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Lewis Stewart – “I’m very motivated by the European U23 Track Championships”

"I don't know if I can lose much weight so improvement will have to come from generating more watts. The thing with the team sprint is that you need the upper body strength for the start - you have to get off the line quickly."


One minute the laddies are riding their local track league – then the next they’re gone, wheeched off to Manchester to become part of British Cycling’s master plan.

Some, like Jason Kenny and Callum Skinner go all the way to the top – World and Olympic honours.

But there’s a limbo stage where the youngsters have to train hard, don’t race much but are constantly appraised to see if they can ‘make the grade,’ – which is all down to watts and times.

For friends and family it’s a bit of a strange time; not like the lad has gone to Belgium or France to road race where one can chart his progress on the kermis circuit or in the French Grand Prixs.

Lewis Stewart
Lewis Stewart. Photo@supplied

We caught up with one such ‘disparu‘- 18 year-old Killearn man, Lewis Stewart at the Bremen Six Day – one of the rare occasions when the sprint academy riders actually get out to race.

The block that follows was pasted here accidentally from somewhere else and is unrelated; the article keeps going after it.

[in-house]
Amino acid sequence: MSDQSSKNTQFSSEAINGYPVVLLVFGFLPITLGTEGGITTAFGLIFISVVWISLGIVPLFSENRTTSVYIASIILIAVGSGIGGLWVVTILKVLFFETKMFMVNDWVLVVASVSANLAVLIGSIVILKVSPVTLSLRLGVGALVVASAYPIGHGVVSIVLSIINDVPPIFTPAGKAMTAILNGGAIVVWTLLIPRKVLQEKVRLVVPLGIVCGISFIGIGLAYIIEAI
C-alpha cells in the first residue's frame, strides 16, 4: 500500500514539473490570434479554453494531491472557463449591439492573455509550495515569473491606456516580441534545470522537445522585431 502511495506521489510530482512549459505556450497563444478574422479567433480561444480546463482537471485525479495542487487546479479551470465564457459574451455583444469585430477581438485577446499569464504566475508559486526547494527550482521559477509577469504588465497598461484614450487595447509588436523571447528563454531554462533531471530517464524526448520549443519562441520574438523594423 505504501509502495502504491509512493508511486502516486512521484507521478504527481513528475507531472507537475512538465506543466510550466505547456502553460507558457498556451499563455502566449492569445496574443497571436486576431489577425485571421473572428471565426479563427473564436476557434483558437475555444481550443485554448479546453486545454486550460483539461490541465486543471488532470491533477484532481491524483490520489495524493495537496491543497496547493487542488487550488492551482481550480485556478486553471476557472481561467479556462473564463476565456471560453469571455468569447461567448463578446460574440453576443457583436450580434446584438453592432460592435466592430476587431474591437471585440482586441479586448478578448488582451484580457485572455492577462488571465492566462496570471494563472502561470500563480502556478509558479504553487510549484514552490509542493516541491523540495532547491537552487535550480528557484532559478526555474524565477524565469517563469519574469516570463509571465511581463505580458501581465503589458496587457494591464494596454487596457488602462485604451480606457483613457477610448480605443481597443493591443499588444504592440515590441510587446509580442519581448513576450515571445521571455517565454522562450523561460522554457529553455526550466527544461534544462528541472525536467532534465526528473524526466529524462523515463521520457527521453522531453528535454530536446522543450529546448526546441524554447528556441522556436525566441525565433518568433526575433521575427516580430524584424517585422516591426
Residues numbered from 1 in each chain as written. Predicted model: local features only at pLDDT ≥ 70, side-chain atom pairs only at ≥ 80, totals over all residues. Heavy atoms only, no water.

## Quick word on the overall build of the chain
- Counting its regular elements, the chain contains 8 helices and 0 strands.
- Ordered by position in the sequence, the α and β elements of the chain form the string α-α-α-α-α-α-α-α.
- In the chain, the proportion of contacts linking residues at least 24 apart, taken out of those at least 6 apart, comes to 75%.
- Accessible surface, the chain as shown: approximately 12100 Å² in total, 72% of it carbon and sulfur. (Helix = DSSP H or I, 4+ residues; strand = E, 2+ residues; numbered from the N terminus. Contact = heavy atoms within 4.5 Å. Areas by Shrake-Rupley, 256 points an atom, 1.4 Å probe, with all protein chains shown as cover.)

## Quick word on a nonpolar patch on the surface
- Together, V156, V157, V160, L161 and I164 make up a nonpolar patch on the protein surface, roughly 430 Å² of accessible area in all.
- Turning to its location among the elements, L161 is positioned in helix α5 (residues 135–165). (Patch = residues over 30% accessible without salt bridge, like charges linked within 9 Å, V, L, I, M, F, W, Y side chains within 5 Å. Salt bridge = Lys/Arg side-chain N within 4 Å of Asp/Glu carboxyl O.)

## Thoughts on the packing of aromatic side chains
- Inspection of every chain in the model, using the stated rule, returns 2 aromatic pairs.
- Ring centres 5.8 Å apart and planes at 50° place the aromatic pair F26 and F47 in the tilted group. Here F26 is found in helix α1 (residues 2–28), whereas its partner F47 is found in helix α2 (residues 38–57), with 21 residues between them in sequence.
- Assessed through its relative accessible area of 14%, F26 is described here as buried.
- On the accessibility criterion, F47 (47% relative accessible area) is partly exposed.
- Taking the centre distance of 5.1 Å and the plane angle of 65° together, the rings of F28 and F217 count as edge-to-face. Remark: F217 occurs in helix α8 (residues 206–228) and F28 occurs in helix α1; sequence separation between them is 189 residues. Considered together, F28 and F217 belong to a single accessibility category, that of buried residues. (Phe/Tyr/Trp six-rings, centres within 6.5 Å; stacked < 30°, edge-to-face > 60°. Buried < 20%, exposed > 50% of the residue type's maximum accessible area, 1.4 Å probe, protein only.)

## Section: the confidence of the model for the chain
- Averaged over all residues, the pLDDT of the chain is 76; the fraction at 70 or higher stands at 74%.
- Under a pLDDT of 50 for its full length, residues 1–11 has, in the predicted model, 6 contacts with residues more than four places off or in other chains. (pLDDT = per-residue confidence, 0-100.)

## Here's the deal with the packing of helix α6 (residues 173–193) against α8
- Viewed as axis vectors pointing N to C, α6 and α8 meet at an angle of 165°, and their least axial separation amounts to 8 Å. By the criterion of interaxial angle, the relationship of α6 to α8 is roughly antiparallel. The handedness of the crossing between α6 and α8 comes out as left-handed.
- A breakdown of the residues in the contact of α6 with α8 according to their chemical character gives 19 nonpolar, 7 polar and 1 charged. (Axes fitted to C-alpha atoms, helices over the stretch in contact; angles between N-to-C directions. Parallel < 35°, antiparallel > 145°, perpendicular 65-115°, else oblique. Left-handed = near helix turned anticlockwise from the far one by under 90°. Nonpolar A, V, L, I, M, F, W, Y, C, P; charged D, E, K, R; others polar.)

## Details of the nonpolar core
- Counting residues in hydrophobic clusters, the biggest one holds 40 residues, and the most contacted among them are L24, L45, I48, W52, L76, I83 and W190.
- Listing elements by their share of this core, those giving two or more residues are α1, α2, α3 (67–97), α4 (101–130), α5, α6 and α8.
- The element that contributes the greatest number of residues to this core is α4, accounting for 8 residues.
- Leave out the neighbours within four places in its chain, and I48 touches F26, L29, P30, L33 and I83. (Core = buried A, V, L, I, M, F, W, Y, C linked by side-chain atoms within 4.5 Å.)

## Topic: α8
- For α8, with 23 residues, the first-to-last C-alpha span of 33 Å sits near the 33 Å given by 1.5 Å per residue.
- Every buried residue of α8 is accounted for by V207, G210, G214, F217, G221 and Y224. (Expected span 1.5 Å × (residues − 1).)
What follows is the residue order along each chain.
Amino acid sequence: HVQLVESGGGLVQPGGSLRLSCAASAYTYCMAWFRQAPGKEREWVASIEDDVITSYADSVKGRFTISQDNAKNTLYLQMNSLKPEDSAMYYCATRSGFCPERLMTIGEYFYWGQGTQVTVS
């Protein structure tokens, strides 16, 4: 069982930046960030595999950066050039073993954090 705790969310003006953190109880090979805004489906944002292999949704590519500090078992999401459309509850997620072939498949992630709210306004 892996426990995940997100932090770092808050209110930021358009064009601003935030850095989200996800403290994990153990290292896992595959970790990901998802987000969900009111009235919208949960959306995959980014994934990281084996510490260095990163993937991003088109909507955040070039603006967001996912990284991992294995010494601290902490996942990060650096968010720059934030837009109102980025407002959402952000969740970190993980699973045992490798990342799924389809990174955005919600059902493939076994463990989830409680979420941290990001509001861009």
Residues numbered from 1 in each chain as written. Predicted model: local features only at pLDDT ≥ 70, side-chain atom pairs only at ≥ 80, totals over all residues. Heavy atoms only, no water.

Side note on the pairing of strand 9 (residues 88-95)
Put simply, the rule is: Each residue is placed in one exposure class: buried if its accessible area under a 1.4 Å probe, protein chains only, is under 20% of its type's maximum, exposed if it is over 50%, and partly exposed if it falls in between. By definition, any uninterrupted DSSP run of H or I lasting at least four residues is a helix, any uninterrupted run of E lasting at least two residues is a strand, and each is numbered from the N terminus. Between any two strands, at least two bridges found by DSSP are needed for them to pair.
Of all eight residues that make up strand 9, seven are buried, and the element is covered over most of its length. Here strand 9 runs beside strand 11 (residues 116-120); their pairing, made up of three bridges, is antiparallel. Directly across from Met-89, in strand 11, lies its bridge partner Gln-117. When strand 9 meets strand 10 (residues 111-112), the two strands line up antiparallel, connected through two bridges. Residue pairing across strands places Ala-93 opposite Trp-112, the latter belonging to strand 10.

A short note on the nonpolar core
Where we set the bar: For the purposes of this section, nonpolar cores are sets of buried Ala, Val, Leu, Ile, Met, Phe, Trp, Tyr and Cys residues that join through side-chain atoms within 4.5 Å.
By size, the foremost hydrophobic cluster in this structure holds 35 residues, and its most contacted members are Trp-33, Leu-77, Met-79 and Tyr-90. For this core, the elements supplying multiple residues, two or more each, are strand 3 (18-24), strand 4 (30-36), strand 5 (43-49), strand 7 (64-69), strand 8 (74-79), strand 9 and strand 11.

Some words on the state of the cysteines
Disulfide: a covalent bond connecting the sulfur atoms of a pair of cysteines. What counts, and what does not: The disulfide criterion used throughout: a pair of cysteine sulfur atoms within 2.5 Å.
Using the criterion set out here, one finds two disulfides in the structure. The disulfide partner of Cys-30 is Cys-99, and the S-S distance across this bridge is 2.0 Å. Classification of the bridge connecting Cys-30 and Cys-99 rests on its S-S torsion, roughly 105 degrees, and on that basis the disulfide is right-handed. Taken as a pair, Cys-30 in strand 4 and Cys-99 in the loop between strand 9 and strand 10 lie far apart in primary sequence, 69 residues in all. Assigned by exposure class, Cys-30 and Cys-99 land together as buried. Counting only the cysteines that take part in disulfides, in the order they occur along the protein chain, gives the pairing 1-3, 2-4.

The Bremen Six Day fans – as with those in Berlin and Rotterdam – like their sprinting with match races, keirins, flying laps and team sprints all included for the big guys.

Germany has a fine history in sprinting with one of their all time greats, Rene Enders choosing Bremen to say ‘farewell.’

Despite me almost dropping Lewis as I held him up at the start of one race, he still took time to speak to VeloVeritas about being a young sprinter in the GB ‘system.’

Lewis Stewart
Lewis at speed at the Bremen Six Day. Photo©Ed Hood

How did you get into the bike, Lewis?

“I got into cycling through my dad, he used to race; I started racing on the Glasgow velodrome – I was there for the very first session.”

How did you get picked up by British Cycling? 

“I guess they first noticed me at the 2015 British Champs where I was third in the sprint and fourth in the scratch.

“I was on the “Apprentice” programme where we met as a group every couple of weeks to train.

“I’m on the “Sprint Academy” programme now which is one down from the “Podium” programme which has the likes of Jason Kenny and Callum Skinner on it.”

Lewis Stewart
Lewis’ main event is the Team Sprint. Photo©sullied

You rode everything in Bremen but what’s your speciality?

“Team sprint as man three and the keirin.”

Tell us about your training.

“Typically, I’ll be in the gym Monday, Wednesday and Friday mornings with track training sessions those same three afternoons.

“Tuesday is track training and on Thursdays we have a double track training day.

“Saturdays we have off and Sunday is a road recovery ride.”

No blocks of road miles?

“Not at this stage; it’s not something the coaches have found to be beneficial.”

Lewis Stewart
Lewis was Junior Keirin Champion and second in the Sprint, last year. Photo©BritishCycling

I believe you team sprint guys have to watch the weight for getting off the mark quick?